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This article is from the Dictionary of North Carolina Biography, 6 volumes, edited by William S. Powell. Copyright ©1979-1996 by the University of North Carolina Press. Used by permission of the publisher. For personal use and not for further distribution. Please submit permission requests for other use directly to the publisher.

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Fuller, Robert Thomas

by Richard L. Niswonger, 1986; Revised by SLNC Government and Heritage Library, December 2022

b. ca. 1824

Robert Thomas Fuller, attorney, circuit judge, and planter, was born at Leasburg, Caswell County. He was graduated from The University of North Carolina in 1844 and studies law. Beginning about 1850 he was a practicing attorney in Arkansas for more than forty years. Fuller settled at Princeton, Ark., in Dallas County and never relocated. His interests included Whig politics and his 2,300-acre plantation. This plantation was worked by with twenty-three enslaved people. When Arkansas's first Secession Convention met on 4 Mar. 1861, the day of Abraham Lincoln's inauguration, Fuller was among the delegates who opposed secession. On 6 May 1861, however, after Fort Sumter, he joined those in the second convention who voted for secession and thereafter gave his firm support to the Confederacy. After the war he served as a state circuit court judge.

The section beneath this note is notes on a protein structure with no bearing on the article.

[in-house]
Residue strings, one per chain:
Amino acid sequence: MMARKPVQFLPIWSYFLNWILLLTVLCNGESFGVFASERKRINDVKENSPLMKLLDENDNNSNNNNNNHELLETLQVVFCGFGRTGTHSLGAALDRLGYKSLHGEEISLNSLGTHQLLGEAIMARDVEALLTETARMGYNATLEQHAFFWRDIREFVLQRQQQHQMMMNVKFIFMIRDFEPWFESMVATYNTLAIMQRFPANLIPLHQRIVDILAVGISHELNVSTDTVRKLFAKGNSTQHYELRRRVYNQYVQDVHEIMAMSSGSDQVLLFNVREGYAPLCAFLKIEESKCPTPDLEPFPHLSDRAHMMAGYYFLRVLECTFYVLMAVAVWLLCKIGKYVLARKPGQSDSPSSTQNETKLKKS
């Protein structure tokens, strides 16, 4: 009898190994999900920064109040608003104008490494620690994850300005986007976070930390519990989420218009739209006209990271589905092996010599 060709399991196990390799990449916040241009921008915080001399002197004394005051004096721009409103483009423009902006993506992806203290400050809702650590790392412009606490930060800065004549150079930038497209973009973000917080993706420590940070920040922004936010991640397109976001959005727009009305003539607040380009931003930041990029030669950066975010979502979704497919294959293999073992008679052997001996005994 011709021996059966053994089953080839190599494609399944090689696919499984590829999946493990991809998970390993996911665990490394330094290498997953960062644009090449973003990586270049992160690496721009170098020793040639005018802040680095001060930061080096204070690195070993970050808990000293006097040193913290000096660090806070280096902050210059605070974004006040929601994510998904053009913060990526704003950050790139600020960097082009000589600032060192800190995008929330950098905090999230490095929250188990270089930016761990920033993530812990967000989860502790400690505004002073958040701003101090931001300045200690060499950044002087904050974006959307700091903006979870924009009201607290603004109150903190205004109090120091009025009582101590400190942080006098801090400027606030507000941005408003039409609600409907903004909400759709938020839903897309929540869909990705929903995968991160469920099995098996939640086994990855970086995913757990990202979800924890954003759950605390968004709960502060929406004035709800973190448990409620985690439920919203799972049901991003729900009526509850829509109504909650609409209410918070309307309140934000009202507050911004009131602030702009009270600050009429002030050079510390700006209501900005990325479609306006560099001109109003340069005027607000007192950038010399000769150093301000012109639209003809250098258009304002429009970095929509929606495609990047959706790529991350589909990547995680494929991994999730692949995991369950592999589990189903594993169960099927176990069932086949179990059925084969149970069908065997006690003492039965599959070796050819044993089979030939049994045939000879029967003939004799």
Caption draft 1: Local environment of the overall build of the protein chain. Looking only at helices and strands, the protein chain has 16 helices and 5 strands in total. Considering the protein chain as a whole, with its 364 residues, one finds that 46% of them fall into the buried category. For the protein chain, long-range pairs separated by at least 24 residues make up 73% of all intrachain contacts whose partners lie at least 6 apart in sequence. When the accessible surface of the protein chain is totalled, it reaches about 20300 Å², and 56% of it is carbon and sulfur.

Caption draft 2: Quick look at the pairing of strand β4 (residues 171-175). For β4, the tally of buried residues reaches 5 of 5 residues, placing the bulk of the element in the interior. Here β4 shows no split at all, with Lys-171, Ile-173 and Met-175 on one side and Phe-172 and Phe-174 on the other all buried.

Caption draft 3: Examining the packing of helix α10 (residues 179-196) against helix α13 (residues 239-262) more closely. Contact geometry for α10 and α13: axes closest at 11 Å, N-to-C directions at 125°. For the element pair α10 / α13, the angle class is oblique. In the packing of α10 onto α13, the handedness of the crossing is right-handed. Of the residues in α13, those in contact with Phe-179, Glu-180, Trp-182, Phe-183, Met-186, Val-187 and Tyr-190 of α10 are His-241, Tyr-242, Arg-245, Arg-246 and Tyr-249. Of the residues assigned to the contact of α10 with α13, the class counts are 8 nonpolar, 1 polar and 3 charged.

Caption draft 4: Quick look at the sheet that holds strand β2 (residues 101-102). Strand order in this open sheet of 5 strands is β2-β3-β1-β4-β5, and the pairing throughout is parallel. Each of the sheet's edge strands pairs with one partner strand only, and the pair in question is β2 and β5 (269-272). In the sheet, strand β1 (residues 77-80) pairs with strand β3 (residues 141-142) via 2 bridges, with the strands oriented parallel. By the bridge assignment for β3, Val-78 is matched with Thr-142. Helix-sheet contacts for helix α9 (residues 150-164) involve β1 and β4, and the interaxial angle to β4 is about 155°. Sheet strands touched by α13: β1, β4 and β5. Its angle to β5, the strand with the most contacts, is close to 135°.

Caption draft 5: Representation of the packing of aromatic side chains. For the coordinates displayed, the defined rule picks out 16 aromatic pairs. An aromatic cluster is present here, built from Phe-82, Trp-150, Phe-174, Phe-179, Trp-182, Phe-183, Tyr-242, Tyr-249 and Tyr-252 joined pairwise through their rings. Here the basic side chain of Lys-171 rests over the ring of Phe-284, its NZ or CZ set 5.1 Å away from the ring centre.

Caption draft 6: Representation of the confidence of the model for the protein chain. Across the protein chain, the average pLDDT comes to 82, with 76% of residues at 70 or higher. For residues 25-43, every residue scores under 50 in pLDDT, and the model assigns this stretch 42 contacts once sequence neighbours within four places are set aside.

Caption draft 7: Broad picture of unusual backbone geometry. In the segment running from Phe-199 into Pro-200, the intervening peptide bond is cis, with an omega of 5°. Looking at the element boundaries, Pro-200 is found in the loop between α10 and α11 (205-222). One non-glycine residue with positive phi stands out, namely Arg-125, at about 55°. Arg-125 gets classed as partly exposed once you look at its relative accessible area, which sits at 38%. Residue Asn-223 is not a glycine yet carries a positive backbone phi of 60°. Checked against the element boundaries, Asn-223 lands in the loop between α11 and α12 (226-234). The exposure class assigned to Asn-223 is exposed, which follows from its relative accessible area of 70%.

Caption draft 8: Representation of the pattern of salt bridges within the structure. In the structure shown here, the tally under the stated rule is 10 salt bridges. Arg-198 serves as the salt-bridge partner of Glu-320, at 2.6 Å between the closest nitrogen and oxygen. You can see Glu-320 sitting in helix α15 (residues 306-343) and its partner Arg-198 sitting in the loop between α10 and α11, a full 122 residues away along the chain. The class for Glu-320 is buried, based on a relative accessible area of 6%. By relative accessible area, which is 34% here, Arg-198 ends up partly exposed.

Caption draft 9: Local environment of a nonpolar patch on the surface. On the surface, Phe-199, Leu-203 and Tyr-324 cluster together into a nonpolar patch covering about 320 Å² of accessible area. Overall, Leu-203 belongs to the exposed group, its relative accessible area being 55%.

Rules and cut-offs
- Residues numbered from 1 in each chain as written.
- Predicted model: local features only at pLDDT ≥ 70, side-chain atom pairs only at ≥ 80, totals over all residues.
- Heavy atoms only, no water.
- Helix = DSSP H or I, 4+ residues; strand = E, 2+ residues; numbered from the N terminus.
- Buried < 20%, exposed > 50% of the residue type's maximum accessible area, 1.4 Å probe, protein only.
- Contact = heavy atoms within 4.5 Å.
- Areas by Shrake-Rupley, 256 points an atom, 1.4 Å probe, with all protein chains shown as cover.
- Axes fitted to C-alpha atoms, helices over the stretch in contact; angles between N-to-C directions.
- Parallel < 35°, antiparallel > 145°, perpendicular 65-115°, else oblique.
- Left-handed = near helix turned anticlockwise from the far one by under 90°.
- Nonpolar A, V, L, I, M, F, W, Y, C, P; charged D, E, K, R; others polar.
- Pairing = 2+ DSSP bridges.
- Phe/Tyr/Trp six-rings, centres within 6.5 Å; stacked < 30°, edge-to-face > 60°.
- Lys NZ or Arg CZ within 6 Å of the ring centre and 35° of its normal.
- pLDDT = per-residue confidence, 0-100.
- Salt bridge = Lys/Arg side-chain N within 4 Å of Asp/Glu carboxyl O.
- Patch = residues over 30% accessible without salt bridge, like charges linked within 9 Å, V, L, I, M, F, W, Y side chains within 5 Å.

Fuller married Agnes B. Smith, the daughter of Dr. W. F. Smith, a physician. They had six children: J. W., Robert C., Alex J., Samuel G., Agnes, and Thomas F.


Biographical and Historical Memoirs of Southern Arkansas (1890).

Daniel L. Grant, Alumni History of the University of North Carolina (1924).

Jonathan Kennon Smith, The Romance of Tulip Ridge (1966).

Ralph Wooster, "The Arkansas Secession Convention," Arkansas Historical Quarterly 13 (1954).

Additional Resources:

The Convention. Journal of both sessions of the Convention of the state of Arkansas. Little Rock [Ark.]: Johnson & Yerkes, state printers. 1861. (accessed March 11, 2014).

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